Yahoo Admits: All 3 Billion Email Addresses Hacked

John Lister's picture

Yahoo has admitted that a hacking incident in 2013 affected three billion user accounts. That's three times more than it originally disclosed and means every account was affected.

The incident was one of two Yahoo hacks revealed last year. The first, announced in September, involved 500,000 accounts being hacked in 2014. The second, announced in December, was said to have involved a hack of a billion accounts in 2013.

It's the 2013 attack that Yahoo now says it believes "all Yahoo user accounts were affected." It's keen to stress that it only recently discovered that the number was bigger than originally reported. That timeline is important, given Yahoo was taken over by Verizon. Underplaying the extent of the attack could have raised financial regulation issues.

Security Answers Revealed

In the latest announcement, Yahoo doesn't say exactly what data was taken from each account, but says it believes it did not "include passwords in clear text, payment card data, or bank account information." (Source:

It appears the stolen data includes the passwords in encrypted form, along with email addresses, birth dates and security questions and answers in plain text. Yahoo notes that upon announcing the attack last year it required all users to change their password and invalidated the security questions.

Lawsuits Proceeding

As is so often the case with hacking, the danger is not necessarily that the attackers were able to access user data such as emails. Instead, their likely actions would include selling the list of emails to spammers, using the security questions and answers to try to break into accounts on other services, and attempting to decrypt the passwords - again, to try out on other services.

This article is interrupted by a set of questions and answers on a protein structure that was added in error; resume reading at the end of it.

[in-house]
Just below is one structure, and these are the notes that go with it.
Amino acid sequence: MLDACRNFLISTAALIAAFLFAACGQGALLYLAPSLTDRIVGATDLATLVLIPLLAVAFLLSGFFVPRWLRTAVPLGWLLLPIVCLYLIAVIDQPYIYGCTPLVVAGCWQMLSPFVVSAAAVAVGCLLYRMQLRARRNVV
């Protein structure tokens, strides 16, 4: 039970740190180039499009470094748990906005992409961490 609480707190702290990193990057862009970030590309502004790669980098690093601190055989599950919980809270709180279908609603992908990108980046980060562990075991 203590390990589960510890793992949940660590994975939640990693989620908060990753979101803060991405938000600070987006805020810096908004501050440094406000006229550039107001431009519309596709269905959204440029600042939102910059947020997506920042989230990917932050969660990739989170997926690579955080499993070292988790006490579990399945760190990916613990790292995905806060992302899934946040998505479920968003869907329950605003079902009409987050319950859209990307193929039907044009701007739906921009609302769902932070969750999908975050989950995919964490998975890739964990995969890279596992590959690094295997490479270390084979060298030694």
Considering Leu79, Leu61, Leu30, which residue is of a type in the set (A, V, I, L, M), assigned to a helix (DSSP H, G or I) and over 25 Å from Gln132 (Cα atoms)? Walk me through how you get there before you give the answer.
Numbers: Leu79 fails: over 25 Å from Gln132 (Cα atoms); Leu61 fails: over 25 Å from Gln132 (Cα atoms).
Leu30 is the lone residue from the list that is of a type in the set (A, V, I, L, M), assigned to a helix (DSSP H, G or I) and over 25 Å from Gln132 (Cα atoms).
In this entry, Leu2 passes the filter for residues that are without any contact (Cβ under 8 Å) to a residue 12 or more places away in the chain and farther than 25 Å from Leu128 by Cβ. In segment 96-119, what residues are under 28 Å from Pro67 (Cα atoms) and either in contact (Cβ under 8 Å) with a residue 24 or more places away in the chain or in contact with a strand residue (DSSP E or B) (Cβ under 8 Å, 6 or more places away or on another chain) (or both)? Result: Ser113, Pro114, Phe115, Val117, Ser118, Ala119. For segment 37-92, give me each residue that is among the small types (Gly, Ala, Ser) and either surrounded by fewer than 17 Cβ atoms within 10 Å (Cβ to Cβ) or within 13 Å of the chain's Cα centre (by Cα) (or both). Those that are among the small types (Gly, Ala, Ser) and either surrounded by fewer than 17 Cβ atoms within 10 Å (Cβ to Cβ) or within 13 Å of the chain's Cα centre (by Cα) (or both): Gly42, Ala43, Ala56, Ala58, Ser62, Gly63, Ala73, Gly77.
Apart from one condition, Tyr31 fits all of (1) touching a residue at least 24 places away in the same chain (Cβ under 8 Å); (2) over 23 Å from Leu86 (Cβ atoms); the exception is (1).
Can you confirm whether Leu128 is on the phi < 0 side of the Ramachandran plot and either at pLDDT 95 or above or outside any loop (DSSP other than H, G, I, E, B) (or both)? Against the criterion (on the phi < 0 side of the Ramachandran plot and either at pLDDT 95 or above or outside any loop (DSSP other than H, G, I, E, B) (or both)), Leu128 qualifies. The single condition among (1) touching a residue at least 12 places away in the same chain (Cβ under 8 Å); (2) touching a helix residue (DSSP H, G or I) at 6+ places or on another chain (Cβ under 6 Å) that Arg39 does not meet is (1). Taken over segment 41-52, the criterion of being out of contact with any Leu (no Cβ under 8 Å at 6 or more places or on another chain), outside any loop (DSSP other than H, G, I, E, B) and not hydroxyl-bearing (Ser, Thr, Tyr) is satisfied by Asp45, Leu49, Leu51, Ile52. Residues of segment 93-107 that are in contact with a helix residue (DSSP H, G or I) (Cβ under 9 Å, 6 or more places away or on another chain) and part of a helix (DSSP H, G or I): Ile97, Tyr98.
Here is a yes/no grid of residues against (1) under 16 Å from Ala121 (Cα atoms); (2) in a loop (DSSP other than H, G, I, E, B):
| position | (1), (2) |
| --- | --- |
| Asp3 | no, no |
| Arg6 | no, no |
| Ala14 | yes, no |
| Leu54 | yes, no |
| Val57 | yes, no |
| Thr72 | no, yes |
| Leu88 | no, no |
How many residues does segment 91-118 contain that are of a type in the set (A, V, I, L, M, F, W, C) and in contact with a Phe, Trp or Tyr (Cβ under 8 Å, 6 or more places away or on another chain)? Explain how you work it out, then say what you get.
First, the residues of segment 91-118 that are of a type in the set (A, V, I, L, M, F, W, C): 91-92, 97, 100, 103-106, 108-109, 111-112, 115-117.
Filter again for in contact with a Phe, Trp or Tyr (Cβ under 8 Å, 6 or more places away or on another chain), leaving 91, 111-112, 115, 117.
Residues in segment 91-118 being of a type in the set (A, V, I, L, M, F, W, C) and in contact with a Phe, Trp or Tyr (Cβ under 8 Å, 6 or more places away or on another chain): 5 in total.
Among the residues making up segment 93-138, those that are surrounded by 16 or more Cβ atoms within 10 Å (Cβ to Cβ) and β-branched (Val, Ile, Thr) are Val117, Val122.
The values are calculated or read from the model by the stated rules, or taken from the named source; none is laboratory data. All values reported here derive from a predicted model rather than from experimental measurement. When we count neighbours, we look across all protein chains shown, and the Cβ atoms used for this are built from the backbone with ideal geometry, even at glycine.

While normally users are warned to avoid reusing login details on multiple sites, that may be avoidable for some security questions that ask for factual information such as a mother's maiden name.

Yahoo is already facing at least 41 lawsuits over the breach that are seeking class action status. The new revelation makes that more of a concern. If the class action status was granted, any damages settlement could theoretically apply to everyone who has ever had a Yahoo account. (Source:

What's Your Opinion?

Should Internet companies face criminal penalties for security breaches, or should this be left to civil damage suits? Are security questions a suitable way to protect accounts? Should all customer data be stored in encrypted form?

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Dennis Faas's picture

If passwords can be encrypted, I don't see why security questions are not encrypted as well - especially from a standpoint of leaking data. It may require some extra programming to encrypt and decrypt the data - but if the programming itself was modular this would be an easy fix especially for a company that size.

Chief's picture

Why do people answer security questions with factual information? Mother's maiden name could be 'abc123' or '/colorpurple/'

The only requirement is YOU know what the answers are.

russell.donaldrussell_4813's picture

True but somewhat irrelevant in this case since both questions and answers were exposed.

dan400man's picture

It is relevant because mother's maiden name & certain other data are common information required to access credit.

Chief (above) is correct. I use a password manager that, in addition to holding the user ID and password for a site, allows me to type the security questions and answers I gave for that particular site. I always use some jumbled phrase that gives no hint as to the actual answers to the security questions.

dan400man's picture

Yahoo! should be sued into oblivion.